THERE'S A MOVE in Congress to finesse the current stalemate over the War Powers Act by setting up a commission to rework the law. It could be useful, but something basic needs to be better understood first. The premise of a commission is that there are flaws in the War Powers Resolution, as it is called, and that Congress with 14 years of experience under the law can now set matters right. But more is involved than tinkering over terms of presidential notice and congressional sanction. The problem is of another sort.

By the War Powers Act of 1973, Congress intended to rule out any more presidentially declared wars like Vietnam. But the law, formalizing consultation, reflected less some ultimate and unappealable constitutional wisdom than a political condition of presidential enfeeblement and congressional agitation. It is now said, and not only by partisans of presidential discretion, that the law fits poorly the gray-area conflicts in which the United States finds itself involved. But what the law really fits poorly are the changed political circumstances.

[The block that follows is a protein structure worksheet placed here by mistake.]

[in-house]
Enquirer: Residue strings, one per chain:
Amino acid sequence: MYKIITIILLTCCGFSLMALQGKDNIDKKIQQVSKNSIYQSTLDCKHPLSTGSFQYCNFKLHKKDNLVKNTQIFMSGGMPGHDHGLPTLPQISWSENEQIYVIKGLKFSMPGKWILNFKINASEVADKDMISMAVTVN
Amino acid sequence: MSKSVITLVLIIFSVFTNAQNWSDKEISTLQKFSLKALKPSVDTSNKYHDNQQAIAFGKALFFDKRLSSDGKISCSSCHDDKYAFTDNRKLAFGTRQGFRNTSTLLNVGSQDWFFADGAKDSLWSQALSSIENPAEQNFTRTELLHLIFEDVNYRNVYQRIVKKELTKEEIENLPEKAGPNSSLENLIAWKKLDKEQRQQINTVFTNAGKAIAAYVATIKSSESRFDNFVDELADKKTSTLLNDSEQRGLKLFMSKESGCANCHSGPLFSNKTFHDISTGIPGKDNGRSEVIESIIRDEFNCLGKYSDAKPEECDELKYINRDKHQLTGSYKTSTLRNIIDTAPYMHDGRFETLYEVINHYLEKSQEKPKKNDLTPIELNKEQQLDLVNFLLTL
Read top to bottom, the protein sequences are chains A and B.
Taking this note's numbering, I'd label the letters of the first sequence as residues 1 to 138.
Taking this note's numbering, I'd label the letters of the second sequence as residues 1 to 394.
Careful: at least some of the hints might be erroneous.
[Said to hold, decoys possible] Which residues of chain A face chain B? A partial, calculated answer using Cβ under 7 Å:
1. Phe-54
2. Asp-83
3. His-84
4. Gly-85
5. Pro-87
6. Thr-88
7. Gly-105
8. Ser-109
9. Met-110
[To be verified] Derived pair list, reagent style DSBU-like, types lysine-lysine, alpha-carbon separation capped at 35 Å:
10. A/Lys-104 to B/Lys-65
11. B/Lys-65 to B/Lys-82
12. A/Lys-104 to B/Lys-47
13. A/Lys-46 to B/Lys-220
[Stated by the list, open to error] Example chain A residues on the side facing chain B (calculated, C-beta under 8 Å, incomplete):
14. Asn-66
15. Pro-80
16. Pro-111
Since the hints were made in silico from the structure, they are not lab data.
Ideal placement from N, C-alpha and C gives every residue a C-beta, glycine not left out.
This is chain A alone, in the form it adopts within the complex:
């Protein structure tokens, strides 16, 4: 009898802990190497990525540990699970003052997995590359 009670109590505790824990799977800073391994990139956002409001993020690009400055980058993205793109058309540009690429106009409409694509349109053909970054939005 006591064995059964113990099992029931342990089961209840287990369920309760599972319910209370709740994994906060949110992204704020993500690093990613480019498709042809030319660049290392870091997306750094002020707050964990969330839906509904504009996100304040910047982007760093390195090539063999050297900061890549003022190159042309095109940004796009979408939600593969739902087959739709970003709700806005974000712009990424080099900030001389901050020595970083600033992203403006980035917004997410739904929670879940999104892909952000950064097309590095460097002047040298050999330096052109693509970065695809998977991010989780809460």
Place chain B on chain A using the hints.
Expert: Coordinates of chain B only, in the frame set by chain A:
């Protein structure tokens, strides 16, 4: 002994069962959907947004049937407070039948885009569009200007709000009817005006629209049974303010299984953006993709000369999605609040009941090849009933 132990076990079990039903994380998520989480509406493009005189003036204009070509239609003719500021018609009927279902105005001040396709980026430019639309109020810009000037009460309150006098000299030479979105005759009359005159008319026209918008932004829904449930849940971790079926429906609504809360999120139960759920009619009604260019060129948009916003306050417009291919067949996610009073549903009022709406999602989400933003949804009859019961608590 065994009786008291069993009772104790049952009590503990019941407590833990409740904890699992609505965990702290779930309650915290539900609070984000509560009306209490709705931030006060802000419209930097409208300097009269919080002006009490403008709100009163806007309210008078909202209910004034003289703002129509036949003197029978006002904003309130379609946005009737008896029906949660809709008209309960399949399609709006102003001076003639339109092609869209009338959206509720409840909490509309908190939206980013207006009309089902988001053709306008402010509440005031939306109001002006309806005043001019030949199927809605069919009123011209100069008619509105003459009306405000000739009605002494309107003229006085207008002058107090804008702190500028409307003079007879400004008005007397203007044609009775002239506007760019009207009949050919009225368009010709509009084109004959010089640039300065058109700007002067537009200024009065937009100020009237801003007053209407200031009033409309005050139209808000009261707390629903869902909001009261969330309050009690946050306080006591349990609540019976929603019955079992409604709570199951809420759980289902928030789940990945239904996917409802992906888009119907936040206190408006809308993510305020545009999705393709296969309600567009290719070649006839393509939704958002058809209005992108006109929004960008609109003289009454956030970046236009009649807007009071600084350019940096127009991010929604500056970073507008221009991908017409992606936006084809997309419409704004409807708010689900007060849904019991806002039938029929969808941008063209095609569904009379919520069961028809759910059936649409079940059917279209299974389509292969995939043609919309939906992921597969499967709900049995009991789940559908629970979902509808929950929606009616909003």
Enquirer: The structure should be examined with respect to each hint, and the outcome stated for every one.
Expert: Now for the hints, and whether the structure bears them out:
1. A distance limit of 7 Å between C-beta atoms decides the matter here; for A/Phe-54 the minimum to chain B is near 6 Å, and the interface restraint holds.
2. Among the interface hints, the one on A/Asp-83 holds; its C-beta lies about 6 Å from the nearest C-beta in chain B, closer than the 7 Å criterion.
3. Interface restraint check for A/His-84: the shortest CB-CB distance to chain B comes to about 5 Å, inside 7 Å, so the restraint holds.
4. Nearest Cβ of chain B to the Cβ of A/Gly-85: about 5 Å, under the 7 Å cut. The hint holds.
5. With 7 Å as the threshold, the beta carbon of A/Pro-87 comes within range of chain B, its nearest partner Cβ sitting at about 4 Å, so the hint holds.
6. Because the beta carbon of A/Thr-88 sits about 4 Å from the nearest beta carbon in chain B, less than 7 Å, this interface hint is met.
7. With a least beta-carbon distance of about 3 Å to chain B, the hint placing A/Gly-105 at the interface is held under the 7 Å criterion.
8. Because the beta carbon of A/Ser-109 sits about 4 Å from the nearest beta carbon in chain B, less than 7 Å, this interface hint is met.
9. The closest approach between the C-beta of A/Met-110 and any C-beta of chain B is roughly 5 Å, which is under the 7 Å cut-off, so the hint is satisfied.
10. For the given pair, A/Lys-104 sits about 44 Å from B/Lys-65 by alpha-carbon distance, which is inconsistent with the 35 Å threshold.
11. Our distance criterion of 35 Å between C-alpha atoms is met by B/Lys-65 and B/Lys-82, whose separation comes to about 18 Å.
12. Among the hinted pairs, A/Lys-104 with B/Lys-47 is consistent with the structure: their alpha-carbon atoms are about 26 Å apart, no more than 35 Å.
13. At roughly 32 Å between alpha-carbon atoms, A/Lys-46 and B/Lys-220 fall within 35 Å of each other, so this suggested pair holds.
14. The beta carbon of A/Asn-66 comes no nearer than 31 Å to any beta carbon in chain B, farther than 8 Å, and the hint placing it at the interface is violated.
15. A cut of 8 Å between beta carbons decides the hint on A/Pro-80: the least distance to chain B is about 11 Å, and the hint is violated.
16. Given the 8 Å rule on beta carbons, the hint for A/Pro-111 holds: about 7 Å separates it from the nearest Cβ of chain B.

The presidency has gotten relatively stronger. Richard Nixon could not keep Congress from passing the War Powers Act over his veto, but Ronald Reagan has kept Congress from applying even a diluted, single-use, policy-friendly version of the law in the Persian Gulf. There is much merit in the stated rationale for the War Powers Act -- that under its terms a president can consult Congress and strengthen his hand. But in practice the executive branch is zealous in asserting its prerogatives and Congress alternately and sometimes simultaneously zealous and uncertain. This is how the present, rather embarrassing impasse was reached.

In fact, 200 years of history under the Constitution shows that conflict over ''war powers'' has been continuous and unending. Far from being a temporary and unfortunate accident of the day, conflict is built into the basic checks and balances of the Constitution and into its very language, which necessarily is sufficiently broad to prevent any settled and final resolution. This is the basis of the assertion that the Constitution is an invitation to struggle for the privilege of directing American foreign policy.

There must be guidelines: Congress should realize the plain limitations on its operational capabilities and the president should realize the value of congressional support. It is first of all by political decisiveness, however, not by legislative craft, that these guidelines can be best applied.